Scenario: Poignant Question

As an action learning coach, how would you handle the following situation: A particularly poignant question is asked. This is followed by a long silence.

Tags: Action Learning, ActionLearning Coach, Team Coach, WIAL, WIAL Action Learning, WIAL Talk

Comments (9)

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    Christian Manlapaz

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    Its an opportunity for an intervention. I would ask, what is the silence about? How is the question of the member reflecting on you or your work? What are possible scenarios that can happen if this question is not discussed. How will you move forward or if you have experienced a similar feeling or situation, how did you handle it?

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    Samantha Cinnick

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    One way I might intervene would be to say, “I noticed a long pause after that last question. What might it mean that there is silence after this question?” Then I would let the group answer why they think there was silence. I would then follow up with a “so what” and a “now what” question based on why the group thinks there is silence.

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    Aparna Jindal

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    Would anyone like to answer this question,would anyone like to highlight the benefits of finding answer to this question, will this question create a learning opportunities for the team, if the team gives positive response then ask now would anyone like to answer. If response is negative then would the group like to move on with another question?

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    Anurag Sharma

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    I would be comfortable with the long silence and allow it to linger for a reasonable period of time. If the silence persists I would ask the following questions
    1. (to the person at whom the question was directed) What’s coming up for you as a result of that question?
    And build further on the response I get.
    2. (to the group) What’s coming up for the group?
    3. (to the person who asked that question) In what ways did you suppose looking for an answer to that question would help in making progress towards solving the problem?
    4. (to all) What do we feel would be the best way forward from here?

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      Elodie Schwartz

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      Hi Sharma, I completely agree with allowing silence to linger for a reasonable period of time. But could you clarify if you would ask one of these questions you mentionned or all of them?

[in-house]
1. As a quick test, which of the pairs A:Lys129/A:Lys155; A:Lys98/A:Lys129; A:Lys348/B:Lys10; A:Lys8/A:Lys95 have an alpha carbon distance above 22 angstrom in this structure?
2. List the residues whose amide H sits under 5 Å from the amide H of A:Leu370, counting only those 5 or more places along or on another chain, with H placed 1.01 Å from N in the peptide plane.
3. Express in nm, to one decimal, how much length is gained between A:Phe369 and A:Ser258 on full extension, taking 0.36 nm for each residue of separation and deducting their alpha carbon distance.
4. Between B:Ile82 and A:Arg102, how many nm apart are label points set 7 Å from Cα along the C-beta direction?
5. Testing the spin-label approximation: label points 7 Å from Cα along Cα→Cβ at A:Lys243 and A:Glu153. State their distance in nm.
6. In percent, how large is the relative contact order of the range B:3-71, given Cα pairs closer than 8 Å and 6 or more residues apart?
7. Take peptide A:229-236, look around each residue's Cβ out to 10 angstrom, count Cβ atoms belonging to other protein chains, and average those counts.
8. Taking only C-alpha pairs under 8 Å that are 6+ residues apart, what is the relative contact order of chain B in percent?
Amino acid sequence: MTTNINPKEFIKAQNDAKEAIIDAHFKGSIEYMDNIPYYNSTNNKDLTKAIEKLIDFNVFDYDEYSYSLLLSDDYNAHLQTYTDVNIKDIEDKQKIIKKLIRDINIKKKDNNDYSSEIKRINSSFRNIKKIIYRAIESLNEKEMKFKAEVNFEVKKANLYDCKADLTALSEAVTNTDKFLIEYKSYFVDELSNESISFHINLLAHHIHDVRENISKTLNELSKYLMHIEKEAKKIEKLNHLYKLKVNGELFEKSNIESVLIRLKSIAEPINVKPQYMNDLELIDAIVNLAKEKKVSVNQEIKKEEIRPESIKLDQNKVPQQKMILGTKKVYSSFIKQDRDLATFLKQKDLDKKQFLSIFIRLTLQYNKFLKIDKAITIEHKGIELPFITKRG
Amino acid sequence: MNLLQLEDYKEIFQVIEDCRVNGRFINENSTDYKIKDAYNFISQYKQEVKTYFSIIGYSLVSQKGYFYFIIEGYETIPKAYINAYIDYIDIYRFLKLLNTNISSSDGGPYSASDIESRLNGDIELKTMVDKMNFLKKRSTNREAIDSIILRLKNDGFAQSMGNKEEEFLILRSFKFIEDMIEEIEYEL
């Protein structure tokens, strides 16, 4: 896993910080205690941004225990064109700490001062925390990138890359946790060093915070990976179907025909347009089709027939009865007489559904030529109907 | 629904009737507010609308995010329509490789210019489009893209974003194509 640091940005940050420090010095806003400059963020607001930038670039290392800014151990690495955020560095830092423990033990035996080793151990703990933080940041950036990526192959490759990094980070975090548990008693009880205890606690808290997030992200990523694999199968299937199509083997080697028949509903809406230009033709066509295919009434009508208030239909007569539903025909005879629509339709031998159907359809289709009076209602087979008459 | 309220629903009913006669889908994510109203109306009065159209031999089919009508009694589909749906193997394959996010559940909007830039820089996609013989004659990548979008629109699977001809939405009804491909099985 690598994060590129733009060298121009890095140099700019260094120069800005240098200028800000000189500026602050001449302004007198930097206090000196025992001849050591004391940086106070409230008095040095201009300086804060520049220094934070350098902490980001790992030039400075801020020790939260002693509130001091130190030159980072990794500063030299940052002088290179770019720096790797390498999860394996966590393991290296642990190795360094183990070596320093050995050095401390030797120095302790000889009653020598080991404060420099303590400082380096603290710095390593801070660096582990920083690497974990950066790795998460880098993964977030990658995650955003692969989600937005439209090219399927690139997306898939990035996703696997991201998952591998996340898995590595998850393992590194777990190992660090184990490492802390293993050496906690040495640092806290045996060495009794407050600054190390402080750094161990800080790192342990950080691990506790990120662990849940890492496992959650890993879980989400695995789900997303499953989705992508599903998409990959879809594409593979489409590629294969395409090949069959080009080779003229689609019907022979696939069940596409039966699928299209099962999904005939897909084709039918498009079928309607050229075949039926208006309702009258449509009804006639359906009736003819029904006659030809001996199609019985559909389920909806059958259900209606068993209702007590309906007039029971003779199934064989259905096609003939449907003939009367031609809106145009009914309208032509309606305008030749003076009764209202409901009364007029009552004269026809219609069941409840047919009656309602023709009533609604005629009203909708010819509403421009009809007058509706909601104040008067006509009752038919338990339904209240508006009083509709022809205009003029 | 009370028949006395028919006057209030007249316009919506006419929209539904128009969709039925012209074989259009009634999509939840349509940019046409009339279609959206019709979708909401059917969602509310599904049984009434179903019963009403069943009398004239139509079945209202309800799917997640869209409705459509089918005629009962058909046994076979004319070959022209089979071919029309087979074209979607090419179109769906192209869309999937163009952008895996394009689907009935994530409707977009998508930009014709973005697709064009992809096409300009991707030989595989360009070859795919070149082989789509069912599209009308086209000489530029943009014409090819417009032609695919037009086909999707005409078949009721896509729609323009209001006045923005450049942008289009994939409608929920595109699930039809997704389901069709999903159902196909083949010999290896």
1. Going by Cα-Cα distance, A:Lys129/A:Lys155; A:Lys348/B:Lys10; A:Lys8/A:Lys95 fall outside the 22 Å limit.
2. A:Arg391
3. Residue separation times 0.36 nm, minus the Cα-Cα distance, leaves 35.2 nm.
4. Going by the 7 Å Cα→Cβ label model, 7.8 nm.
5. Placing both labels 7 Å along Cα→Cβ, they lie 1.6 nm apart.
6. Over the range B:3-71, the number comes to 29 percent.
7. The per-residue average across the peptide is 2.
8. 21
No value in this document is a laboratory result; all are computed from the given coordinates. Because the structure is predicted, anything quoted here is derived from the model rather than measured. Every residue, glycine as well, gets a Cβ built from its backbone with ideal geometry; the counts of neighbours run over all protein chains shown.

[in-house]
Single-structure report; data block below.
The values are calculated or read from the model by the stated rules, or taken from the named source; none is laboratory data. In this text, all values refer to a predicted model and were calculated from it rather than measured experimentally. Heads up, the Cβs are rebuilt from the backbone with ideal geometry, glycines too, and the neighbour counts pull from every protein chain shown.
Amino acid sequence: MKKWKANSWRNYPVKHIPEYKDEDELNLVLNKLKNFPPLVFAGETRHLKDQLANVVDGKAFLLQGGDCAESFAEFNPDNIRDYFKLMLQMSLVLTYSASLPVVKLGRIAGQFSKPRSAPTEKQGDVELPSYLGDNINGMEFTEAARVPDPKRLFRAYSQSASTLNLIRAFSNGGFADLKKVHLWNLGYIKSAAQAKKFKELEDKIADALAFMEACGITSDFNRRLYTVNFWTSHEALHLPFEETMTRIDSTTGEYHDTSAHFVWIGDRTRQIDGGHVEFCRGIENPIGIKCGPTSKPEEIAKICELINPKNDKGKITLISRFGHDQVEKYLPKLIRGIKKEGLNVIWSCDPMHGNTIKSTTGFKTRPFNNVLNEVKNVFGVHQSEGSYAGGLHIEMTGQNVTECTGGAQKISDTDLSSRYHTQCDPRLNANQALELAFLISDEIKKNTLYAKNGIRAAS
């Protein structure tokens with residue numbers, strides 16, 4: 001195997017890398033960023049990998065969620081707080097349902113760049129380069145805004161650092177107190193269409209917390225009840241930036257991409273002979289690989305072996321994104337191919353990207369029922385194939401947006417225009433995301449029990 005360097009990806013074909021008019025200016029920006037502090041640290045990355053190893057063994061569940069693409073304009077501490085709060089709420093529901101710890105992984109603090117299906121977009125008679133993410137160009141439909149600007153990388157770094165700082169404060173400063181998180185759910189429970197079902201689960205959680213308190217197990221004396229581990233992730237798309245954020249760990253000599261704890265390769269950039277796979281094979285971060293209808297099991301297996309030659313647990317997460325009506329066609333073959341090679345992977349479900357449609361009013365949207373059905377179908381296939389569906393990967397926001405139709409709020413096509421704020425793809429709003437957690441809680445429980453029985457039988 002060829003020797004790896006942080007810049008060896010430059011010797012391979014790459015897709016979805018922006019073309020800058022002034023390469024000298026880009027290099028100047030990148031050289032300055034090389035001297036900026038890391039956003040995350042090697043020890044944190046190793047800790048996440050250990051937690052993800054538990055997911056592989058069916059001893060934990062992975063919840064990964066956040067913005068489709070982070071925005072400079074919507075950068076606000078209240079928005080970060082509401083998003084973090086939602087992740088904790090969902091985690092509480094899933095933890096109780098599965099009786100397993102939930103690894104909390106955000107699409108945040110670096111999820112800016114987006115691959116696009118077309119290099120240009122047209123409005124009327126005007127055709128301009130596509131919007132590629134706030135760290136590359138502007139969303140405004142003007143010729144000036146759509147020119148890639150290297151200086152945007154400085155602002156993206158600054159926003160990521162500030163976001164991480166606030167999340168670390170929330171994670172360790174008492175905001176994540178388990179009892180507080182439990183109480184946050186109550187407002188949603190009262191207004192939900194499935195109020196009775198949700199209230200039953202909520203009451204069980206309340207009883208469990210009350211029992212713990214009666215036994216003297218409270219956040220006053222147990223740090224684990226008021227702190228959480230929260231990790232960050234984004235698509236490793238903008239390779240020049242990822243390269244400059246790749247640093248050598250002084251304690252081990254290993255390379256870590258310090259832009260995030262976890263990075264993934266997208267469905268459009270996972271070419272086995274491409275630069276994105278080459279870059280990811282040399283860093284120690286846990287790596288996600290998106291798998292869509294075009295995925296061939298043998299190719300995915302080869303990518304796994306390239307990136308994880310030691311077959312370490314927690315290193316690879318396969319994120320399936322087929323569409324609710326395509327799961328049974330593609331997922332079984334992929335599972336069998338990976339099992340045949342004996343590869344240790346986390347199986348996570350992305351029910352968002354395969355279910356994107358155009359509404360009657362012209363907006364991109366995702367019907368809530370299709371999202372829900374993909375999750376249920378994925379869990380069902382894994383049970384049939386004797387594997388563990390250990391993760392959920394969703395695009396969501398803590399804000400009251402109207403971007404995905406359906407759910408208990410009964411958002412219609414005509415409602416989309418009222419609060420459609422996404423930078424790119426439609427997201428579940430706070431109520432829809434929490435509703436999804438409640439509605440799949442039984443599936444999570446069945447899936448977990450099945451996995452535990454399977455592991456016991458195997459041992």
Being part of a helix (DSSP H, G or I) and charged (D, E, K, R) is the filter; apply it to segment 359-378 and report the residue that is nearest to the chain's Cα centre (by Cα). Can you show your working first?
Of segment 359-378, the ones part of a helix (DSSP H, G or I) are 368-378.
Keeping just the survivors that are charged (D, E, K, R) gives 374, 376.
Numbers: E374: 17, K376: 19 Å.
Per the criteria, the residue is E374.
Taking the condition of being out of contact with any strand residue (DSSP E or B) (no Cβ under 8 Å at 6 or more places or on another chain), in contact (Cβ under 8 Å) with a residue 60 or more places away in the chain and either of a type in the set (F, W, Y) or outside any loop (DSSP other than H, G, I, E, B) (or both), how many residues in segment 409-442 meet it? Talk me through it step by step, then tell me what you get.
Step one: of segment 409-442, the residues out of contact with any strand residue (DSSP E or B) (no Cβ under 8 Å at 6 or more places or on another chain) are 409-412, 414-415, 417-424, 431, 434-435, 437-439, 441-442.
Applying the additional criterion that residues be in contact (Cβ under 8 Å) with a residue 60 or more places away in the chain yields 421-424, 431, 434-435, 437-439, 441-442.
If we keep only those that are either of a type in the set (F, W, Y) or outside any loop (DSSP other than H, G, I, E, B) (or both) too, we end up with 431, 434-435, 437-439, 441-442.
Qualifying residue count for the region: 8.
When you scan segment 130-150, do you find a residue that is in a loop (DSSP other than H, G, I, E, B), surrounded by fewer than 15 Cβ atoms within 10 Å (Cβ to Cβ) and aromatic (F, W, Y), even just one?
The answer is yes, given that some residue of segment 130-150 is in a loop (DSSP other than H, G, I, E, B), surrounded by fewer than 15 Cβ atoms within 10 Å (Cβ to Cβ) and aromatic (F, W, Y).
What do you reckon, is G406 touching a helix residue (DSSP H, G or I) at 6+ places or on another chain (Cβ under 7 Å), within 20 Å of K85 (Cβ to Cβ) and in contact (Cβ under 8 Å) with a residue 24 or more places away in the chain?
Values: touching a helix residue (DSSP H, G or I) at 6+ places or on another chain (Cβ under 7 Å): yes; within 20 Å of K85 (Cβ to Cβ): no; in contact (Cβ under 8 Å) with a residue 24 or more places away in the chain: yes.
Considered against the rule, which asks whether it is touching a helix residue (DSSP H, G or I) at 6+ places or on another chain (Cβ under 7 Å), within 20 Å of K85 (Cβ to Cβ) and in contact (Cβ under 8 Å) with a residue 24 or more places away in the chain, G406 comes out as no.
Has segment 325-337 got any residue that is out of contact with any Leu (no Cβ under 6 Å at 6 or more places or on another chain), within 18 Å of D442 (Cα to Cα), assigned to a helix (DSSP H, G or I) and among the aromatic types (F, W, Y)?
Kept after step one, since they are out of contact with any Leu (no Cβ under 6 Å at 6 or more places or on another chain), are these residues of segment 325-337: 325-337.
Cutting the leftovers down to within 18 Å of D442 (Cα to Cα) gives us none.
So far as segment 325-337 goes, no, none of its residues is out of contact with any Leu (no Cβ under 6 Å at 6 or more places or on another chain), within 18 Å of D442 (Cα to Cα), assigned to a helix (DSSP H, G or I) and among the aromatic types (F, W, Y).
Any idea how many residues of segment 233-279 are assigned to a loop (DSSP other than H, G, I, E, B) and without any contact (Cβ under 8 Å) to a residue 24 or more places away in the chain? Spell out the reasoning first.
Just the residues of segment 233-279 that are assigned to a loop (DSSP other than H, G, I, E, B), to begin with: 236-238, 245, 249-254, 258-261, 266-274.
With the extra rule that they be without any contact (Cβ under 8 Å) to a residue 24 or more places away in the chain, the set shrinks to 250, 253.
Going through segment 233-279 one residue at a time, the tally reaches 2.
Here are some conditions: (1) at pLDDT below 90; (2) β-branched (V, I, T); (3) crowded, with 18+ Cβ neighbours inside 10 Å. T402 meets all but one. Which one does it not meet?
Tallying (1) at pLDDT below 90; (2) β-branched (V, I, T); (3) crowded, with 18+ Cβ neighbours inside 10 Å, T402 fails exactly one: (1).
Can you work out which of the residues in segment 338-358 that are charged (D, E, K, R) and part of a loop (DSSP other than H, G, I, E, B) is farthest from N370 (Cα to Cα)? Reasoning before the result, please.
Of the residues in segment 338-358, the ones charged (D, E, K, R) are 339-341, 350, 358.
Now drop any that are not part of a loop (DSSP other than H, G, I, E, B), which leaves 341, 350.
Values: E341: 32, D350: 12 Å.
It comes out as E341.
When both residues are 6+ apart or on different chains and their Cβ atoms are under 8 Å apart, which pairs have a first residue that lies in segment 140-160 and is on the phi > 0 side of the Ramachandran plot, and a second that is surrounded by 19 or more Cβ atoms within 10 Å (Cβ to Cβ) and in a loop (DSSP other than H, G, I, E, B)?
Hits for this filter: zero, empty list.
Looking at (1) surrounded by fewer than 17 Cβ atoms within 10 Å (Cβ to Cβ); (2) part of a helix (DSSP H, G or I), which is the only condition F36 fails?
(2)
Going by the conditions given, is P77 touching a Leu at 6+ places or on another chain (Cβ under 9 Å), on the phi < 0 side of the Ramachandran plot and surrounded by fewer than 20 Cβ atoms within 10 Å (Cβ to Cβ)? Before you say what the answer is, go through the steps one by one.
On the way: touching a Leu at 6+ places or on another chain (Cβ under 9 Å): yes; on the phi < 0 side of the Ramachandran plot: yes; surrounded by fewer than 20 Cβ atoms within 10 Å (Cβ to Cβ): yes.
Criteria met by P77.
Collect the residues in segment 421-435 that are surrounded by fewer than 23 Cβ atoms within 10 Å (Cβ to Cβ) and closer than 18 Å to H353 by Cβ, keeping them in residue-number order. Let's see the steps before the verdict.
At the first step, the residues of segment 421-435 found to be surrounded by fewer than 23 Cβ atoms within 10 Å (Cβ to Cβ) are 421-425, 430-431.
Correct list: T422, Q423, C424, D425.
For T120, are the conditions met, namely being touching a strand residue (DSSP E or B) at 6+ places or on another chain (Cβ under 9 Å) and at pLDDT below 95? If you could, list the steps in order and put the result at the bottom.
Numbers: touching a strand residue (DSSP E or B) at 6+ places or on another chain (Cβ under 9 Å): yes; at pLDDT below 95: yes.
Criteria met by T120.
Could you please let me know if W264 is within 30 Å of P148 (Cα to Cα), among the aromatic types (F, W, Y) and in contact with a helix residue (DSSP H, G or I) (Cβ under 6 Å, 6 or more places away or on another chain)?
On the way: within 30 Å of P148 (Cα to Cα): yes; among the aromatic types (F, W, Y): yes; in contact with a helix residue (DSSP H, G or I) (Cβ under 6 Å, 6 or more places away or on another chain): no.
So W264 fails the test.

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    Saravanan Palaniappan

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    I would ask, “Team, what is going on? ”
    I would ask the team members to say out 2 things out of their upon reflecting on the poignant question and follow through the session.

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    Puja Vijay

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    I agree on many of the valuable comments and approach people have offered on this page. These deep poignant questions are the breakthrough points where one cannot have a quick immediate answer. Its important not to let go of the opportunity where the one to whom the question was addressed might have a great learning opportunity, which possibly is the reason for the silence/reflection. The intervention that seems appropriate is to ask the person: What are the thoughts coming to your mind at this stage? Are you comfortable to share it with the group?

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    Nguyễn Thanh Triều

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    When a particularly poignant question is asked. Followed by a long silence. The intervention of the coach was absolutely necessary in the case of 60 seconds without any answer in my opinion. A silence deep enough for the members to find the best answer. “Who can respond first?” Or “which member exactly would this question be answered first?” “Who wants to share the answer for the group to learn together?”

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    Ming Hui Cheng

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    I would intervene with, “Team, I noticed a long silence. What’s coming up for you right now?”, to give them an opportunity to process any discomfort or co-create a safe space before addressing the question per se. I might add, “How could we support each other when similar questions come up again?”

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